Enhanced Assessment of Compressor Rotor Stability: Using Computational Fluid Dynamics to Predict Impeller Destabilizing Forces, 18-9491Printer Friendly Version
Inclusive Dates: 07/01/04 - 07/01/05
Background - This project will apply computational fluid dynamics (CFD) software to enhance SwRI's state-of-the-art for evaluating stability of high-performance centrifugal compressors. These compressors are critical to many energy-related processes - in particular the offshore production of oil and gas and the liquefaction of natural gas for ocean transportation. Numerous instances exist in the last 25 years where unexpected instability problems have delayed the commissioning of very expensive installations, such as the Ekofisk platform in the North Sea, the Marjan platform in offshore Saudi Arabia, and the LNG plant in Bonny Island, Nigeria. Although SwRI has been a leader in establishing effective methods for predicting rotor instability, its treatment of impeller forces now suffers from clear limitations, as do those of others. There is an unmet need for enhanced understanding and methodology.
Approach - During the last ten years, computational methods and computer speeds have reached levels that make it feasible to model the flow efficiently and accurately in a centrifugal compressor. Within the project proposed herein, a CFD model will be prepared for a real compressor, which has exhibited subsynchronous, aerodynamically excited vibrations. A leading manufacturer of small and mid-size gas turbines and centrifugal compressors has agreed to provide actual physical data and geometry information on such a compressor. A complete model of this impeller will be generated with a proven CFD program for which SwRI holds a license. The output results will be integrated to obtain rotordynamic coefficients. These coefficients will then be compared to the laboratory data collected by the turbine manufacturer and also against other data available in the public domain.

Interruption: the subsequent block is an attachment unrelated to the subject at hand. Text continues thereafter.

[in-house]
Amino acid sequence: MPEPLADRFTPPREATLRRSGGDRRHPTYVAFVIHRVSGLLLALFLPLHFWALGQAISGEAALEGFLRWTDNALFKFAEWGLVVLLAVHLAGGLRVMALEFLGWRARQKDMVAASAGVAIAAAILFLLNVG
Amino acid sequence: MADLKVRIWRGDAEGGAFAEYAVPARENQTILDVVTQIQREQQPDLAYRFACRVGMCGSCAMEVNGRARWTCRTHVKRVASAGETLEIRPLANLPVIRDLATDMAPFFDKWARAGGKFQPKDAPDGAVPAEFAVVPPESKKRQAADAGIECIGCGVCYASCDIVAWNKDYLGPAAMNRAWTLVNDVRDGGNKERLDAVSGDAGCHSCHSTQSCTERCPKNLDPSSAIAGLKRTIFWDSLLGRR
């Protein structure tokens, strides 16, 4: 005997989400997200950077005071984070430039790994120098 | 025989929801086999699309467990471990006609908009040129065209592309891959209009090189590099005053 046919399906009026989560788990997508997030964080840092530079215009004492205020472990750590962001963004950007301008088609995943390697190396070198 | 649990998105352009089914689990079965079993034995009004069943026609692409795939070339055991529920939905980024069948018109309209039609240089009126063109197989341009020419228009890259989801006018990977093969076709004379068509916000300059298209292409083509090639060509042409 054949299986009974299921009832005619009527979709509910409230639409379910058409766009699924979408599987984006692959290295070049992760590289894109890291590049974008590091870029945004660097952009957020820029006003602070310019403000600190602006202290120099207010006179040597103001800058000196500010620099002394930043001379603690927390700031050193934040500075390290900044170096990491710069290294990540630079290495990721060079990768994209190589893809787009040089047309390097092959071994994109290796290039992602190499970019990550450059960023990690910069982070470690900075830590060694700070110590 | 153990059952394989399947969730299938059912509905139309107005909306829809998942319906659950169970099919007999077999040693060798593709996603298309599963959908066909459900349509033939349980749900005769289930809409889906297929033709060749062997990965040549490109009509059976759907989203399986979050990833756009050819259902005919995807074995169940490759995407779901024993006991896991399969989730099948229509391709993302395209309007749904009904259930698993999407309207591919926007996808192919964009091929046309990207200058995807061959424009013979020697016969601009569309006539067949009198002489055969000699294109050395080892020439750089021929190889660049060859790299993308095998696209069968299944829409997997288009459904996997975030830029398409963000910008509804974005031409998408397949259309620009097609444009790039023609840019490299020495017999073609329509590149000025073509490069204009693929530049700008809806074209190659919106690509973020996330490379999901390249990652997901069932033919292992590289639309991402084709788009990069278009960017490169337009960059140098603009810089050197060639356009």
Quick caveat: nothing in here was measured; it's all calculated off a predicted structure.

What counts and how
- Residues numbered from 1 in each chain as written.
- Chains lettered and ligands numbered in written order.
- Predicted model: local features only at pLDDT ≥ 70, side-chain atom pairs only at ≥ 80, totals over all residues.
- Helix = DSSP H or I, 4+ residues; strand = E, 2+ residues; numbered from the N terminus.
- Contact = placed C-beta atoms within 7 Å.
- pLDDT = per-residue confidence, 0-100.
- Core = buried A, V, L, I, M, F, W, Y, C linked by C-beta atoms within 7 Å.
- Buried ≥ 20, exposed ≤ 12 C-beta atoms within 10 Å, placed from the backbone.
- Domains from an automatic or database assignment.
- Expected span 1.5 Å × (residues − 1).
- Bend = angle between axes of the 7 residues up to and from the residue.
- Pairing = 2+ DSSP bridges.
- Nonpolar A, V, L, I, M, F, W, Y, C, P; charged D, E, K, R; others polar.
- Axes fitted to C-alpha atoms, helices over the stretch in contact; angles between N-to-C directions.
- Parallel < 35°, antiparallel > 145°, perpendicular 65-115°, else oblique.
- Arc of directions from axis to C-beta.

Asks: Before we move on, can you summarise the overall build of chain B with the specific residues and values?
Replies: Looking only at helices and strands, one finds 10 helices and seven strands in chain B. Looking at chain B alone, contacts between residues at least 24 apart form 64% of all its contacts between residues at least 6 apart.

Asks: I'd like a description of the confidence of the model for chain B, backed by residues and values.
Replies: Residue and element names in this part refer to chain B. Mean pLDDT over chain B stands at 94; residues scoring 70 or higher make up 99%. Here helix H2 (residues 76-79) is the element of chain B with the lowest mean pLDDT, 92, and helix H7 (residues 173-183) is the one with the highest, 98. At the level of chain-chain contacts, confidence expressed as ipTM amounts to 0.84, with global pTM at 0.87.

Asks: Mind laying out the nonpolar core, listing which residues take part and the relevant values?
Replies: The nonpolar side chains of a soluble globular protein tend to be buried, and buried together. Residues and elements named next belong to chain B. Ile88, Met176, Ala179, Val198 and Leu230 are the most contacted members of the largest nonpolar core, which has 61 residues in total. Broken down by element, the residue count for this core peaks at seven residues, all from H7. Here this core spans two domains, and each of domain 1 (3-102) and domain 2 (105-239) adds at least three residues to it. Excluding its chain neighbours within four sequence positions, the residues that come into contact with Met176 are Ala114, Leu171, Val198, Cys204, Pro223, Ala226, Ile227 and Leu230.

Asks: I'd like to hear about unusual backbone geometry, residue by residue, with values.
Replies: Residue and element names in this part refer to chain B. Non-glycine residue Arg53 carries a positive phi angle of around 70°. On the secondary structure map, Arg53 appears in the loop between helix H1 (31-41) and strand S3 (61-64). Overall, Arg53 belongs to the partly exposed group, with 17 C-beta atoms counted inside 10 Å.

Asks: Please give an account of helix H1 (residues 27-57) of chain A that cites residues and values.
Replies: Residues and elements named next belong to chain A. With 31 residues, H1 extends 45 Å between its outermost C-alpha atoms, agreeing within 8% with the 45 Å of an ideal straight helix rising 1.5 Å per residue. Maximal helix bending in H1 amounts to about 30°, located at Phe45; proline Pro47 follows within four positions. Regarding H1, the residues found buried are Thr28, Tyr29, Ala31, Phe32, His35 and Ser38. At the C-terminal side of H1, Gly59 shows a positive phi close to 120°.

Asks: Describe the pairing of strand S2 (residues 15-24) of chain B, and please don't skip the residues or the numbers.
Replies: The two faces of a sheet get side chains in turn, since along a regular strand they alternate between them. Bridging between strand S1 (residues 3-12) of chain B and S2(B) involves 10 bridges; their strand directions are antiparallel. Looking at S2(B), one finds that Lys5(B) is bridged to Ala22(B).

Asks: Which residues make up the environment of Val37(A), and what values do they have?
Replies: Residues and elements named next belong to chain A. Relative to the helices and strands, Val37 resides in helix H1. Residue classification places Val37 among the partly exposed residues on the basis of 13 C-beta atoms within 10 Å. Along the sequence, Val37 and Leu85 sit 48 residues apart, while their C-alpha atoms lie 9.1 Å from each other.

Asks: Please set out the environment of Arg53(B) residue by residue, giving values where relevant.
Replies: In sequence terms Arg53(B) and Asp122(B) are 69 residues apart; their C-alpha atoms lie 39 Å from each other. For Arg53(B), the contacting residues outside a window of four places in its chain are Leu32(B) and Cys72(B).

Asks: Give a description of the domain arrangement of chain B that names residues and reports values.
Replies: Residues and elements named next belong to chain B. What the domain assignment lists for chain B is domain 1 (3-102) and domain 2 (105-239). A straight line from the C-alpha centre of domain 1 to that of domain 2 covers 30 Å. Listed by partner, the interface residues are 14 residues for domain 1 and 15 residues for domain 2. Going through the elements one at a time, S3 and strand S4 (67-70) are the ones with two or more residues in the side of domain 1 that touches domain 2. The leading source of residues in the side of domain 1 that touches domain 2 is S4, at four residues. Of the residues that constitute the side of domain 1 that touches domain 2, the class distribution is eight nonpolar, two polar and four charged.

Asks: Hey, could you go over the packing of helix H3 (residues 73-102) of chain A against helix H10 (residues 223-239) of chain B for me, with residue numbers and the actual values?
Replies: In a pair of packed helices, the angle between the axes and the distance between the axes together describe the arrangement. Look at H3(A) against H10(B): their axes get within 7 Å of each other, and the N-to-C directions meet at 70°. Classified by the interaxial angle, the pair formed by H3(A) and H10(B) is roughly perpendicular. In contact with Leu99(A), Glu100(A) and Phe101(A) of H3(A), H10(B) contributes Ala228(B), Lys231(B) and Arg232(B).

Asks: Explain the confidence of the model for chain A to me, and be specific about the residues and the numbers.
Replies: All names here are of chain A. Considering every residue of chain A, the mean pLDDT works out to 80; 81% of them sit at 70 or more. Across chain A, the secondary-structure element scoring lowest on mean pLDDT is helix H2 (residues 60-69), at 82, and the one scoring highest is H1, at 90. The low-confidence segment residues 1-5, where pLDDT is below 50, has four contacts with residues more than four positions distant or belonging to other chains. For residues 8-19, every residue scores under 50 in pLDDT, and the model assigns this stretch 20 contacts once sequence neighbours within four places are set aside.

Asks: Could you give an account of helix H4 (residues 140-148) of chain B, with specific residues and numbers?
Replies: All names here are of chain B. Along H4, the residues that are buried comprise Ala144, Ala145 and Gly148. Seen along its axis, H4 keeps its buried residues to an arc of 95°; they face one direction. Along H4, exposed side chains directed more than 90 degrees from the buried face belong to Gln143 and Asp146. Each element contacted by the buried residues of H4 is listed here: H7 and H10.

Accomplishments - A nondisclosure agreement with the turbine manufacturer was executed in early September. Drawings are being delivered to SwRI. Meetings were held to refine the goals and scope of the project including analytical approach to the modeling. CFD codes currently available at SwRI are being evaluated for use on the project. The methodology, developed by Dr. Moore for his PhD thesis, consists of a geometric perturbation of the centrifugal impeller and solving of the flow field in the whirling frame of reference. Successive computations at varying whirl frequencies result in rotordynamic impedances that produce the stiffness and damping coefficients compatible with most commercial rotordynamics programs. This method was already benchmarked against measurements for pump impellers and labyrinth seals with good results.